New Tshwane administration announces tariff hikes for basic services in its first budget
The City of Tshwane’s new administration has tabled its first budget‚ announcing increases in‚ water‚ electricity and refuse removal.
Tshwane executive mayor Solly Msimanga tabled his budget in Pretoria on Thursday‚ committing his administration to ensuring that it is less expensive to live in the capital.
“Electricity will increase by 1.8%‚ water by 10.2% and refuse removal by 7.5%. Property rates tariff will be based on the new valuation roll. The total account is expected to increase by around 2% on average. It is important to note that water and electricity tariffs are mainly influenced by the Rand Water and Eskom tariffs respectively‚” Msimanga said.
“In real terms this means that a Tshwane account holder who paid R394.54 on property rates in the 2016/17 financial year‚ will pay R346.43 in the upcoming 2017/18 financial year. This is a R48.11 decrease in what the City is asking our residents to pay.”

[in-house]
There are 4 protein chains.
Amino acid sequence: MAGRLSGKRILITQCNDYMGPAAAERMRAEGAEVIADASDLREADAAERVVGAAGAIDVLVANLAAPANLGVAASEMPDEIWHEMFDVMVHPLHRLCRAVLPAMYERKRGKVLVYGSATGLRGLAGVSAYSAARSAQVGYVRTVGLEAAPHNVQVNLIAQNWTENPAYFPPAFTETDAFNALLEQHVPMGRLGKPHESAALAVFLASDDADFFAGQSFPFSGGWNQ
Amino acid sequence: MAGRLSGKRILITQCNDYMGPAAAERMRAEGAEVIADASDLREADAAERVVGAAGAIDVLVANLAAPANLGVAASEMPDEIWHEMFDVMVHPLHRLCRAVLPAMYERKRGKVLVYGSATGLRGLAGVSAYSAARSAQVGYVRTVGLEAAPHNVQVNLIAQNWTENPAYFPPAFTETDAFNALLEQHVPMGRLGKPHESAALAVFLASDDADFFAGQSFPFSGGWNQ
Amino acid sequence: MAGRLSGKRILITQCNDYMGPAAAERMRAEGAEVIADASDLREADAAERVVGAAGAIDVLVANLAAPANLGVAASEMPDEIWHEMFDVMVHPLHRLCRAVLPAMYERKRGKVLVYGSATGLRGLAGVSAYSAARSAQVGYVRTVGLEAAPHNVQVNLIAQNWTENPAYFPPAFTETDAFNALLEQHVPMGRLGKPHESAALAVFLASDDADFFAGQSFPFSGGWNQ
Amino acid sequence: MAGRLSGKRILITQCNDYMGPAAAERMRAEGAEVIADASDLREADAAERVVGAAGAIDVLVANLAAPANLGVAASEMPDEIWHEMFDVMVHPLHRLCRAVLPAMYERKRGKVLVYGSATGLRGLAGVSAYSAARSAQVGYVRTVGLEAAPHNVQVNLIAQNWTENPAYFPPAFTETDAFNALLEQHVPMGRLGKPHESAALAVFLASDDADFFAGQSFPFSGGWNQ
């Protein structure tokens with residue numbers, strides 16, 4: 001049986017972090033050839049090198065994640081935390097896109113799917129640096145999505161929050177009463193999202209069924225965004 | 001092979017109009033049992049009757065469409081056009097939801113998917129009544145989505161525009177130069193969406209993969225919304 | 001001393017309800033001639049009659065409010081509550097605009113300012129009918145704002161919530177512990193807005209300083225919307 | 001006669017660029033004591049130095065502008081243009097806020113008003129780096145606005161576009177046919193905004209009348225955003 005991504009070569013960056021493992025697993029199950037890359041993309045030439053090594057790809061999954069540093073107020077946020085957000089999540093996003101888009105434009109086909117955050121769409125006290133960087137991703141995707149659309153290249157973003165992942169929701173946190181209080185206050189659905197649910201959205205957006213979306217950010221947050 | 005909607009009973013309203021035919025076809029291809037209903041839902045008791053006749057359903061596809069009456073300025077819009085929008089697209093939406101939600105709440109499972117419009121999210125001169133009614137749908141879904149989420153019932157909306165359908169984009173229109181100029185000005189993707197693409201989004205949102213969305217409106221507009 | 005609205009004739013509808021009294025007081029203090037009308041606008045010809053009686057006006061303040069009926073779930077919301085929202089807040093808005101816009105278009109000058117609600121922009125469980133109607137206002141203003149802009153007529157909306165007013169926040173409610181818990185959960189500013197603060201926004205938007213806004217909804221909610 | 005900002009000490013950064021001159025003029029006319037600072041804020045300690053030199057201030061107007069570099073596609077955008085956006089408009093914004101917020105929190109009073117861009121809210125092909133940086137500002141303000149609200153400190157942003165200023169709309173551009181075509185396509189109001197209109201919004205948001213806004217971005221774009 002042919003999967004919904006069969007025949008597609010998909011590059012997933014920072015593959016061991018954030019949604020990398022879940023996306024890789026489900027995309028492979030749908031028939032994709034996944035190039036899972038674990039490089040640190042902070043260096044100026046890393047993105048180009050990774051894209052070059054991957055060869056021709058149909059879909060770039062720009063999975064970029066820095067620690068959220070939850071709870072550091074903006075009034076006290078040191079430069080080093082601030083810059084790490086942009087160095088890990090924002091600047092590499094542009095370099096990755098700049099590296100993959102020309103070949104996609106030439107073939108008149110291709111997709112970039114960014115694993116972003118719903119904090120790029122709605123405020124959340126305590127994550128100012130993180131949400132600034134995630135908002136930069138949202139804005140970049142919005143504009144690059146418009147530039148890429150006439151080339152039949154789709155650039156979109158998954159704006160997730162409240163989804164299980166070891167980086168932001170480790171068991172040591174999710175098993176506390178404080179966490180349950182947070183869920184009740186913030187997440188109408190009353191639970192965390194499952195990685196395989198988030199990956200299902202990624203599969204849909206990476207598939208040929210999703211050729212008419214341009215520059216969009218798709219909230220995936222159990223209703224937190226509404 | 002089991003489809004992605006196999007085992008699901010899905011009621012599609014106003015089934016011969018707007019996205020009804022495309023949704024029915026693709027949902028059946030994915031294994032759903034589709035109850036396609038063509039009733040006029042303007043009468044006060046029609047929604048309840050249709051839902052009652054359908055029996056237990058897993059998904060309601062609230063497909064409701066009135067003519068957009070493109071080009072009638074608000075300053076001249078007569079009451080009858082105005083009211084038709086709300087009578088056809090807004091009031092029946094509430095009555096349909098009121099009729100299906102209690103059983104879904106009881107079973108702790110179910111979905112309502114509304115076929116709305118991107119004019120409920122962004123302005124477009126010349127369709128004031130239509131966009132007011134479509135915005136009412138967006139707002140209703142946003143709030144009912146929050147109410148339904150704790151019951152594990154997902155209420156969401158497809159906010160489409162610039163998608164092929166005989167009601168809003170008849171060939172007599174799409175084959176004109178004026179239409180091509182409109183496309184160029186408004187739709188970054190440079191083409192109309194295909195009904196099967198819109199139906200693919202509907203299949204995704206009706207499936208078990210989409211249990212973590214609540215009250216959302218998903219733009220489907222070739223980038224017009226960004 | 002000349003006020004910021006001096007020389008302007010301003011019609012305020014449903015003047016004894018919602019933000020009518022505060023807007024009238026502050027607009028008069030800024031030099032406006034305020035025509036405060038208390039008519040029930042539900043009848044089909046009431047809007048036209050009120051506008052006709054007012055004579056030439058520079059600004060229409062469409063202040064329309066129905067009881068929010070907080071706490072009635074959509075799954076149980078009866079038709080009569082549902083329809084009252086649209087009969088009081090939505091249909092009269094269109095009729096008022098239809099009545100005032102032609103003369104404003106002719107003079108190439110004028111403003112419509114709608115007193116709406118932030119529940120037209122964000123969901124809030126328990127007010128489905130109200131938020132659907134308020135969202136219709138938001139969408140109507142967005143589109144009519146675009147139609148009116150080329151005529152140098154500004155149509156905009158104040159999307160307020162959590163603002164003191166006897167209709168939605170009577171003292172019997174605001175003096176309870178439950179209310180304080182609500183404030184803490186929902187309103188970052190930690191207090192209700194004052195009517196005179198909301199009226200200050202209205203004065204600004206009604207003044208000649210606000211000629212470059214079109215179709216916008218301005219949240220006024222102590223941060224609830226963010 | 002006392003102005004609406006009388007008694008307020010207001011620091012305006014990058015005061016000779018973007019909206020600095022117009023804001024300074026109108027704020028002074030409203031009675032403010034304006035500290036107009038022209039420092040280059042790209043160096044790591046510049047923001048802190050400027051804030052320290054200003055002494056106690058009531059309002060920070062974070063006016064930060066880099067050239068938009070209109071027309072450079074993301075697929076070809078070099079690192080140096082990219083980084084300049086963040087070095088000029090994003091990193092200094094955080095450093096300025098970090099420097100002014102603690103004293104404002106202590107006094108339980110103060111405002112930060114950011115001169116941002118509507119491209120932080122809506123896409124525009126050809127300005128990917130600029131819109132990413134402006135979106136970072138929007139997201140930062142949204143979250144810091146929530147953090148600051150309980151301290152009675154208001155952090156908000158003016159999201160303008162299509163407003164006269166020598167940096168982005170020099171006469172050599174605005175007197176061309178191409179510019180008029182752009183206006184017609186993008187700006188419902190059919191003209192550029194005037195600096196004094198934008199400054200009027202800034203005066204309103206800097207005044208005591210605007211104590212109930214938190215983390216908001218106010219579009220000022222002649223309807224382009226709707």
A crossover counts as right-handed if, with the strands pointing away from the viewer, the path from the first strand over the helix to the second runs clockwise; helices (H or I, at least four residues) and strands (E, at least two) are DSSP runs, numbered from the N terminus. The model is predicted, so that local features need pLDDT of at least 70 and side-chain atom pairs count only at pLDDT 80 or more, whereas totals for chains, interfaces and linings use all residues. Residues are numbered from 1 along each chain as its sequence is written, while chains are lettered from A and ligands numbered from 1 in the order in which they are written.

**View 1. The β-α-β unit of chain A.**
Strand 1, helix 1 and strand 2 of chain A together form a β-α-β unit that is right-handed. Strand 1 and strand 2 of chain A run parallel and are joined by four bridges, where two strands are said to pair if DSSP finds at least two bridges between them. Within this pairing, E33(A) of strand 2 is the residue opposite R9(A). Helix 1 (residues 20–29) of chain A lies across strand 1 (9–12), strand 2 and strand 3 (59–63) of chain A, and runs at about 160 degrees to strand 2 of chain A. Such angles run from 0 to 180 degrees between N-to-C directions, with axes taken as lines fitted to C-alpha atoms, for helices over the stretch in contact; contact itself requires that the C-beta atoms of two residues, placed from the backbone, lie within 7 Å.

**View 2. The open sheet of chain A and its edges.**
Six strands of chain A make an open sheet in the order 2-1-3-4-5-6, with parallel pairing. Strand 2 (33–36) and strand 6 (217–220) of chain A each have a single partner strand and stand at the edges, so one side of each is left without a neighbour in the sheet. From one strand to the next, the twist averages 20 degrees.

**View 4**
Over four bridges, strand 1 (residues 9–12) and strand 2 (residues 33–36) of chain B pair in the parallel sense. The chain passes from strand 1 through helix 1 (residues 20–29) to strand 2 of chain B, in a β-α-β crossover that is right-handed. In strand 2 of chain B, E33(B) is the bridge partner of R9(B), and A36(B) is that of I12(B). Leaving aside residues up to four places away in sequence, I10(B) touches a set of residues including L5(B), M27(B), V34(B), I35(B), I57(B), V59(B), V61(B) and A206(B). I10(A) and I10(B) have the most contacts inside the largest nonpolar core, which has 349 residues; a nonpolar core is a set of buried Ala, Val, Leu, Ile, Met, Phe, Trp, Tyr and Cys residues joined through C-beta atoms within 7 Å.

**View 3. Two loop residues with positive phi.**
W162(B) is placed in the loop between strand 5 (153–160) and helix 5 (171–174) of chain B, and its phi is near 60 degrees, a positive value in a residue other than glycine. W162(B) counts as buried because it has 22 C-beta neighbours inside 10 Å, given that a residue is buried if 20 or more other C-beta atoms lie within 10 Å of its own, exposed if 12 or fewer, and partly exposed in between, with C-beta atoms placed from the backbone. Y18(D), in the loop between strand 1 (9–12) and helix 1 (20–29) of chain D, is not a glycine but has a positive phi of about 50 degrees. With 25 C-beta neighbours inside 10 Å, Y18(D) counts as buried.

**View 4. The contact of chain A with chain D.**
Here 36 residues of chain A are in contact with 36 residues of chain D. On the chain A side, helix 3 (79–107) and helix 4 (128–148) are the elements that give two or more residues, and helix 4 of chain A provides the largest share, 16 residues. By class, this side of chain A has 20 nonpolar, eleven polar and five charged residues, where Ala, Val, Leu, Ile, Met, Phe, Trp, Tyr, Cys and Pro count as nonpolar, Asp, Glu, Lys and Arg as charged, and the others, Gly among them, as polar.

Msimanga’s budget was the first since the new administration took over after the August elections last year.
“In compiling this budget‚ this new administration paid great attention to the affordability of our budget. We are happy to announce today that this budget currently before council will make it less expensive for our consumers‚ the residents of Tshwane‚ compared to what would have been the case if proper affordability assessments were not carried out in the formulation of this budget.”
Tshwane set aside R1.3 billion to maintain and repair infrastructure.
“This will also serve to catalyse economic activity in ‘township’ economies by creating a more conducive business environment through the delivery of expanded and reliable services and transport links‚” he explained.
The city will also invest in developing infrastructure in infrastructure in Rosslyn‚ Ekangala and Waltloo to strengthen the industrial backbone of the city for faster and more sustainable growth.
In the 2017/18 budget R660-million has been set aside to these industrial nodes to ensure that the city harnesses the existing industry that will help it build a better Tshwane.
This follows expansion plans by BMW (R6 billion) and Nissan (expansion from 40‚000 to 80‚000 units) in their plants in Rosslyn.